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Today, we'll introduce the concept of the P/E ratio for those who are learning about investing. We'll show how you can use Cicor Technologies Ltd.'s (VTX:CICN) P/E ratio to inform your assessment of the investment opportunity. Based on the last twelve months, Cicor Technologies's P/E ratio is 16.34. In other words, at today's prices, investors are paying CHF16.34 for every CHF1 in prior year profit.
How Do I Calculate A Price To Earnings Ratio?
The formula for price to earnings is:
Price to Earnings Ratio = Share Price ÷ Earnings per Share (EPS)
Or for Cicor Technologies:
P/E of 16.34 = CHF54.3 ÷ CHF3.32 (Based on the trailing twelve months to December 2018.)
Is A High P/E Ratio Good?
A higher P/E ratio means that investors are paying a higher price for each CHF1 of company earnings. That is not a good or a bad thing per se, but a high P/E does imply buyers are optimistic about the future.
How Does Cicor Technologies's P/E Ratio Compare To Its Peers?
The P/E ratio essentially measures market expectations of a company. If you look at the image below, you can see Cicor Technologies has a lower P/E than the average (23.3) in the electronic industry classification.
This suggests that market participants think Cicor Technologies will underperform other companies in its industry. While current expectations are low, the stock could be undervalued if the situation is better than the market assumes. It is arguably worth checking if insiders are buying shares, because that might imply they believe the stock is undervalued.
How Growth Rates Impact P/E Ratios
P/E ratios primarily reflect market expectations around earnings growth rates. Earnings growth means that in the future the 'E' will be higher. And in that case, the P/E ratio itself will drop rather quickly. Then, a lower P/E should attract more buyers, pushing the share price up.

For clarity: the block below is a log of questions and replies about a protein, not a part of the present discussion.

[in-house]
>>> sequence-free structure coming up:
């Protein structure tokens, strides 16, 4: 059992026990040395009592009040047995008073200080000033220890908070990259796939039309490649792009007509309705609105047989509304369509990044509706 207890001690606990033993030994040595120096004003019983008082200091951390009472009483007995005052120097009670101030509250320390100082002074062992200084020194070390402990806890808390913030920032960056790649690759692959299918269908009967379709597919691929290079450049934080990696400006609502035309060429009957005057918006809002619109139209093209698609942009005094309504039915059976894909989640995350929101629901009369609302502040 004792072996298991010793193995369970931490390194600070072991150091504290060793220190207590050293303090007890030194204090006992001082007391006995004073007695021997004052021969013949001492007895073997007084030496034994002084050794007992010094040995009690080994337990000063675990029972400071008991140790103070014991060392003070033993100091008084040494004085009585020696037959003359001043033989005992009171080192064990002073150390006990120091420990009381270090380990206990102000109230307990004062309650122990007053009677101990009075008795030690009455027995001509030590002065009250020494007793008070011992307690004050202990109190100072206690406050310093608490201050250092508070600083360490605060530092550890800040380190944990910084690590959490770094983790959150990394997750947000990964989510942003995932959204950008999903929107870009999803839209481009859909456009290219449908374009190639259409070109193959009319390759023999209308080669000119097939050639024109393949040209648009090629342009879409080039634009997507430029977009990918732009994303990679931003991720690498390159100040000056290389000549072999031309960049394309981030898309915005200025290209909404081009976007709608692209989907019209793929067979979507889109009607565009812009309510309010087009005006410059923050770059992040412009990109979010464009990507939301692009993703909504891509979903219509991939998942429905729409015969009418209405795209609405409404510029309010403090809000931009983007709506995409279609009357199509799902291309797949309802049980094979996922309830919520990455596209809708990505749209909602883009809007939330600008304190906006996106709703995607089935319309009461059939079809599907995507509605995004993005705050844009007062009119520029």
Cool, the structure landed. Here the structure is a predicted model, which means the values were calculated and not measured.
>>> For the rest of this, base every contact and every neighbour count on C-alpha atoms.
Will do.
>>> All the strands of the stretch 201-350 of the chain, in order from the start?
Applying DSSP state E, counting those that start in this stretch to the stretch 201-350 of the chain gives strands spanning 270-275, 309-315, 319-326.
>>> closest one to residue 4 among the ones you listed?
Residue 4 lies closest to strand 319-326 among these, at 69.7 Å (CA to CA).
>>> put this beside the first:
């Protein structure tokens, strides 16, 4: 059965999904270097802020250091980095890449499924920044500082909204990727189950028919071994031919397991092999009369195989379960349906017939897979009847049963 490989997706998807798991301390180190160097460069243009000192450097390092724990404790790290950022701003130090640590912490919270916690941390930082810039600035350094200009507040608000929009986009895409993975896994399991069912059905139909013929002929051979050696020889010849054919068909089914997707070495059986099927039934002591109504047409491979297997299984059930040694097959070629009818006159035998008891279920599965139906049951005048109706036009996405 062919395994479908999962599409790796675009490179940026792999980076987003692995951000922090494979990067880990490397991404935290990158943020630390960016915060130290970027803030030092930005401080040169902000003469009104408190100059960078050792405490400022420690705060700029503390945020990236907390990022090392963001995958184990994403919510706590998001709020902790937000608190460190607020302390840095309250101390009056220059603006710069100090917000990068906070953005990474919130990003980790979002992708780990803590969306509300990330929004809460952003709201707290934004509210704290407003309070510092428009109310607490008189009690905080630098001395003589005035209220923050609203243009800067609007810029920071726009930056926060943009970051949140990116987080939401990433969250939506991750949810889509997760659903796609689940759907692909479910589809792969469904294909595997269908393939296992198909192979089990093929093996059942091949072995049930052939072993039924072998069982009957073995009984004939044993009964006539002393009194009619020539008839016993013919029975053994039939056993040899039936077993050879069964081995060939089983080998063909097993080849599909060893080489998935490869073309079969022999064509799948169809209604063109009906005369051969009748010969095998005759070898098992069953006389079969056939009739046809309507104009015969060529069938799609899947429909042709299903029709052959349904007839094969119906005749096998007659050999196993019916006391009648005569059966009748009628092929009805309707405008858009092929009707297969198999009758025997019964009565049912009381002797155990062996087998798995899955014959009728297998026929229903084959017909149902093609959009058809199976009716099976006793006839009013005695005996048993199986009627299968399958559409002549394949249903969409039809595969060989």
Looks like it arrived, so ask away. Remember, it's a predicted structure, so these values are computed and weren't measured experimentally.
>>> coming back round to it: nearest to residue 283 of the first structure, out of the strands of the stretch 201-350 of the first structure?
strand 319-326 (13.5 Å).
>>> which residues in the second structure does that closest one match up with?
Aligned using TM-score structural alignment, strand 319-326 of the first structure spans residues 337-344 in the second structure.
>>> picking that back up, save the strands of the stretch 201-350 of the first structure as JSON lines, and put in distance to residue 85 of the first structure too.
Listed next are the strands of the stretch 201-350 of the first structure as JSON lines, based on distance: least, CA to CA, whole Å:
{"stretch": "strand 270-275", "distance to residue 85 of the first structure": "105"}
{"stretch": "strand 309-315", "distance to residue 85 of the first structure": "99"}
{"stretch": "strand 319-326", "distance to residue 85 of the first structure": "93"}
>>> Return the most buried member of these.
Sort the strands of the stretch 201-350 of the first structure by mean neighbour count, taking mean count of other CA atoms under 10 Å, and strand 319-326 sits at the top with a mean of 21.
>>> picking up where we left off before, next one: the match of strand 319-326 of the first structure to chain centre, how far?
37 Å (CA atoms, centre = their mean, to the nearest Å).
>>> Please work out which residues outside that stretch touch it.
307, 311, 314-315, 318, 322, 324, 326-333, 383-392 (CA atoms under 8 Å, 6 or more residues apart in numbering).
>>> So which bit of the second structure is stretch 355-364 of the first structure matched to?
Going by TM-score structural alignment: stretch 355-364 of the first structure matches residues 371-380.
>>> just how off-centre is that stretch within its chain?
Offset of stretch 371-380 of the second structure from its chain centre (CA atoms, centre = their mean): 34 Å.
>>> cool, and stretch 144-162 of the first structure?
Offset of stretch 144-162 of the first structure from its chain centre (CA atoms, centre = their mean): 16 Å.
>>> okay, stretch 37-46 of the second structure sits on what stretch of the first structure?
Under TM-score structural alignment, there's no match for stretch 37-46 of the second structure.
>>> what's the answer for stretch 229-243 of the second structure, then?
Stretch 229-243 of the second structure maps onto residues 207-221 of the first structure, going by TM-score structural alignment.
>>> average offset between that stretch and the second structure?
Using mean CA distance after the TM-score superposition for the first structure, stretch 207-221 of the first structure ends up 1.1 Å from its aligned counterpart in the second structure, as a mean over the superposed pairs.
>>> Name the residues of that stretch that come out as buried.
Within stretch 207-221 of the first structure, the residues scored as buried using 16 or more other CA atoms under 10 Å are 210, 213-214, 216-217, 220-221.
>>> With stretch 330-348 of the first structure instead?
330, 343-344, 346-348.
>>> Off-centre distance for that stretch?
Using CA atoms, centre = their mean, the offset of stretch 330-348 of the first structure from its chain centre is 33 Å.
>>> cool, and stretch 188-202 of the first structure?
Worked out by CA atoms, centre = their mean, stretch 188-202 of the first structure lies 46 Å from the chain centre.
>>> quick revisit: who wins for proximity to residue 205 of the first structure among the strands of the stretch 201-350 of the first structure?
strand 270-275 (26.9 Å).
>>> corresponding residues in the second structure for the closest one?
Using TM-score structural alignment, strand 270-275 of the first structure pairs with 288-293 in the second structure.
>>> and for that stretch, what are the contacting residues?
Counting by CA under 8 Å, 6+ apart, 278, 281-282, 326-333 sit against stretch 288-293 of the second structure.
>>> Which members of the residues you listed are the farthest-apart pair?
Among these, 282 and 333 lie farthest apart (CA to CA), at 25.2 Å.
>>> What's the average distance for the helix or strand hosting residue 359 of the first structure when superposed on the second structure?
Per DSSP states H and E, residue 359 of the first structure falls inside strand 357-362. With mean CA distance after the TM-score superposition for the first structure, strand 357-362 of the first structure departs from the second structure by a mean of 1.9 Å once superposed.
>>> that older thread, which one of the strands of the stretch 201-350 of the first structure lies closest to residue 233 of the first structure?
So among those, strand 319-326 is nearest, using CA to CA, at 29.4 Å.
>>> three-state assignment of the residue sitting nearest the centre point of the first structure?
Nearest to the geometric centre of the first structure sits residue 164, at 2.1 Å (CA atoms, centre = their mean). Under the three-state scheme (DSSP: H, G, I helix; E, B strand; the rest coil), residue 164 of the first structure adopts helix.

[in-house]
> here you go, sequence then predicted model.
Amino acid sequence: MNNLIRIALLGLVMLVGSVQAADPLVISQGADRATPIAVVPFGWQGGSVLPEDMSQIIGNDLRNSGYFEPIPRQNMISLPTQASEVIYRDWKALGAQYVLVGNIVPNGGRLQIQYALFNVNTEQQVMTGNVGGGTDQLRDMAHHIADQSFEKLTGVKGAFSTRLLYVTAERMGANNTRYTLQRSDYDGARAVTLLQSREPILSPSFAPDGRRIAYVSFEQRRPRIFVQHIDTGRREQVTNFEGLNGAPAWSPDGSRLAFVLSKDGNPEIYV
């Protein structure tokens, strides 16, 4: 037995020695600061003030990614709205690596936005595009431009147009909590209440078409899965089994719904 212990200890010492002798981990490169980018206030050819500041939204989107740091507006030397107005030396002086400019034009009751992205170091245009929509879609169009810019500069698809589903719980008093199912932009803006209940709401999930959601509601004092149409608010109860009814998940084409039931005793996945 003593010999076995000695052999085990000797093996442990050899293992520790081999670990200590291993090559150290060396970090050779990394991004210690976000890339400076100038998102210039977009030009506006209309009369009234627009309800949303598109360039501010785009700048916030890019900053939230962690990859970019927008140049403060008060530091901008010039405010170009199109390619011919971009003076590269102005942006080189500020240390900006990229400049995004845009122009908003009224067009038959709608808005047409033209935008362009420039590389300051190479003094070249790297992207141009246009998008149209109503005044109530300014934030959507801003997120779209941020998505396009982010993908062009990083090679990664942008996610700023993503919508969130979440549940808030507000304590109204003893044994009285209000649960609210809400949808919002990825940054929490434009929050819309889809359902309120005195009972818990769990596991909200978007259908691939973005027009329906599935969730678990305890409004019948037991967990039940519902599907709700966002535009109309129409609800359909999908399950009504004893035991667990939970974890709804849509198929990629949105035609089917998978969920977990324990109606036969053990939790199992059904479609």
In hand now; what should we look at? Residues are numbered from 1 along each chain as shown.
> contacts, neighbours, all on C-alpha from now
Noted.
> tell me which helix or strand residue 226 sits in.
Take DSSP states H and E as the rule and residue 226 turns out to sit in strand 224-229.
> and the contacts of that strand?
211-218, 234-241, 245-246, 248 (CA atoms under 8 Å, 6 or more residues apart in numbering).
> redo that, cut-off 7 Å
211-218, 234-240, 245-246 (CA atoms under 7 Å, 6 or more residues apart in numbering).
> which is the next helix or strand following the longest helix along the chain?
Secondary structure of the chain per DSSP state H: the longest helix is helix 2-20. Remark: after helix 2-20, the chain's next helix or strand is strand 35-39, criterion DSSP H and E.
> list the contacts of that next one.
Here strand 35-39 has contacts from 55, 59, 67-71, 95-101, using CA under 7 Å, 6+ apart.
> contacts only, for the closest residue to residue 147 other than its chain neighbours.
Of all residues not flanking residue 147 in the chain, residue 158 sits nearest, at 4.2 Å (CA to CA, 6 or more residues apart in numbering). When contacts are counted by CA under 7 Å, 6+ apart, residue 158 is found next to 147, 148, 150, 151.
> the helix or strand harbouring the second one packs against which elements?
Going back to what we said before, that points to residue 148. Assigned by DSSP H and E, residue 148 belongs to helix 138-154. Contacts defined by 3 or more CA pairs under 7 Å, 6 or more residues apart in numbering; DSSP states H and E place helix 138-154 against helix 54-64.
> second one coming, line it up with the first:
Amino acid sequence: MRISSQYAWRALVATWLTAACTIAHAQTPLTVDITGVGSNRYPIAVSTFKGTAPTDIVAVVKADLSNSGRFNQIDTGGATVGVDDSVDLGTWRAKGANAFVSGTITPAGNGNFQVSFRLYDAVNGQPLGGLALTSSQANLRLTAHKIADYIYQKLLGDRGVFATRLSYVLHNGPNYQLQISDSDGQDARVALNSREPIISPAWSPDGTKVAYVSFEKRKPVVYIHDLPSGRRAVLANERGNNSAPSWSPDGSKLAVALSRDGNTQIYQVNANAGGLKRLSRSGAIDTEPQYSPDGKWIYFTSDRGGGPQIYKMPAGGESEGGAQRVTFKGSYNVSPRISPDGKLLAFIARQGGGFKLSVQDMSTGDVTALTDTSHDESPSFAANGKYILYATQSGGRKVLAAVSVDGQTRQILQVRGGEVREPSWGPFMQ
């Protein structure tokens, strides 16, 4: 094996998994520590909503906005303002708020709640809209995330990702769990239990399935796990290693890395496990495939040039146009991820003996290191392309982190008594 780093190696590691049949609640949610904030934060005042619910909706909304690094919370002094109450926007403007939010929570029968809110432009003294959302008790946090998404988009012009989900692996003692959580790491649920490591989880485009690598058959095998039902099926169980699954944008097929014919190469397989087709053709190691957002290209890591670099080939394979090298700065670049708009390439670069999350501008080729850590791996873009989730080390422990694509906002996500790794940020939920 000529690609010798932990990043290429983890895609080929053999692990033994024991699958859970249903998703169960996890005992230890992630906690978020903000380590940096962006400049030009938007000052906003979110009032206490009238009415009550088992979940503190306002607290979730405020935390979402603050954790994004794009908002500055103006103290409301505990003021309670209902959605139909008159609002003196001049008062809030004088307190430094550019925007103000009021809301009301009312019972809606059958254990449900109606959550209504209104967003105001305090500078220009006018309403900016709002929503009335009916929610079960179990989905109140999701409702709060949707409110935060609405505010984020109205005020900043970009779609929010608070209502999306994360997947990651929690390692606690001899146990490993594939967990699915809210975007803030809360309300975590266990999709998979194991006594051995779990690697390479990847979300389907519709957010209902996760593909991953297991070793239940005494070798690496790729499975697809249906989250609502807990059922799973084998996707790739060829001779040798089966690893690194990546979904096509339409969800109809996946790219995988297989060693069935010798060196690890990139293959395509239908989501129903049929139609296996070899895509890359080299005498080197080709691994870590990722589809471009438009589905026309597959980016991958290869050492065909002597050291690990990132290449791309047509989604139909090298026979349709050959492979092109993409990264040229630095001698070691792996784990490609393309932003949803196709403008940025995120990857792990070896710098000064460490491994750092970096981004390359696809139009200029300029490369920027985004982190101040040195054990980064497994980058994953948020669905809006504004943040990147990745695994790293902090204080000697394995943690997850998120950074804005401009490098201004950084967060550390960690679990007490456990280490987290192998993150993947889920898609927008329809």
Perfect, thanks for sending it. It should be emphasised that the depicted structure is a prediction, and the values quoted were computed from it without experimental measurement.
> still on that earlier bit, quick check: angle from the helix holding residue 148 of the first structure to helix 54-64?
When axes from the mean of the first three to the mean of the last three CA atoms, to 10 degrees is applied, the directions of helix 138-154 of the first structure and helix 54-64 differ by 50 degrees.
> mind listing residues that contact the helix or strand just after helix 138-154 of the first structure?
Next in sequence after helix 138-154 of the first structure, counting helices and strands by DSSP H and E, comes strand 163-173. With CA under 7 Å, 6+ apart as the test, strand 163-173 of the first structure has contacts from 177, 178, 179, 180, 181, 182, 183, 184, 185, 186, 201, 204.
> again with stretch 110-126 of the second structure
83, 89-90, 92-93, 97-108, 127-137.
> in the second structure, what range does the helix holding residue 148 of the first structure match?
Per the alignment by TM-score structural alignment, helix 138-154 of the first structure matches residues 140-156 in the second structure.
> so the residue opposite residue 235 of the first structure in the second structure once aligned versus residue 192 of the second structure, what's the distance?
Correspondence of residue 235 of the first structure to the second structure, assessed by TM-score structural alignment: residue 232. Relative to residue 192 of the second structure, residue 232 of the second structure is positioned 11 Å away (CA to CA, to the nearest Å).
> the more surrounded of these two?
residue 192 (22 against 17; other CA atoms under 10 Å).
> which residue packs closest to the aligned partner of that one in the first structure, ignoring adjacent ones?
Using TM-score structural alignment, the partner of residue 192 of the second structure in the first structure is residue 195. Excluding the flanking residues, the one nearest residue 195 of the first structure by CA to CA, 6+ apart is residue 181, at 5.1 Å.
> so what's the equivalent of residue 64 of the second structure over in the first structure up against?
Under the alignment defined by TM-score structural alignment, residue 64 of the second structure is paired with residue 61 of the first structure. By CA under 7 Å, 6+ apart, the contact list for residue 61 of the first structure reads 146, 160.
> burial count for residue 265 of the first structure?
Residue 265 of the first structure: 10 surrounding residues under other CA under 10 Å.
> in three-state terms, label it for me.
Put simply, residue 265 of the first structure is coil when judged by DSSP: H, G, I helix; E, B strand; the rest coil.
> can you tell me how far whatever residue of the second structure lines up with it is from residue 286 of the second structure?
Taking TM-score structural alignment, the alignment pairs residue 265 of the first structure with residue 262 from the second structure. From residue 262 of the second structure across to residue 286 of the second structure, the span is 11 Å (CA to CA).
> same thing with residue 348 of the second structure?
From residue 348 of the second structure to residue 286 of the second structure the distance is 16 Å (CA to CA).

Cicor Technologies increased earnings per share by a whopping 45% last year. And it has bolstered its earnings per share by 16% per year over the last five years. I'd therefore be a little surprised if its P/E ratio was not relatively high.
Remember: P/E Ratios Don't Consider The Balance Sheet
Don't forget that the P/E ratio considers market capitalization. Thus, the metric does not reflect cash or debt held by the company. The exact same company would hypothetically deserve a higher P/E ratio if it had a strong balance sheet, than if it had a weak one with lots of debt, because a cashed up company can spend on growth.
Such expenditure might be good or bad, in the long term, but the point here is that the balance sheet is not reflected by this ratio.
Cicor Technologies's Balance Sheet
Cicor Technologies's net debt is 18% of its market cap. This could bring some additional risk, and reduce the number of investment options for management; worth remembering if you compare its P/E to businesses without debt.
The Verdict On Cicor Technologies's P/E Ratio
Cicor Technologies trades on a P/E ratio of 16.3, which is below the CH market average of 18.1. The company hasn't stretched its balance sheet, and earnings growth was good last year. The low P/E ratio suggests current market expectations are muted, implying these levels of growth will not continue. Since analysts are predicting growth will continue, one might expect to see a higher P/E so it may be worth looking closer.
Investors should be looking to buy stocks that the market is wrong about. If the reality for a company is not as bad as the P/E ratio indicates, then the share price should increase as the market realizes this. So this free visualization of the analyst consensus on future earnings could help you make the right decision about whether to buy, sell, or hold.
Of course you might be able to find a better stock than Cicor Technologies. So you may wish to see this free collection of other companies that have grown earnings strongly.
We aim to bring you long-term focused research analysis driven by fundamental data. Note that our analysis may not factor in the latest price-sensitive company announcements or qualitative material.
If you spot an error that warrants correction, please contact the editor at email@example.com. This article by Simply Wall St is general in nature. It does not constitute a recommendation to buy or sell any stock, and does not take account of your objectives, or your financial situation. Simply Wall St has no position in the stocks mentioned. Thank you for reading.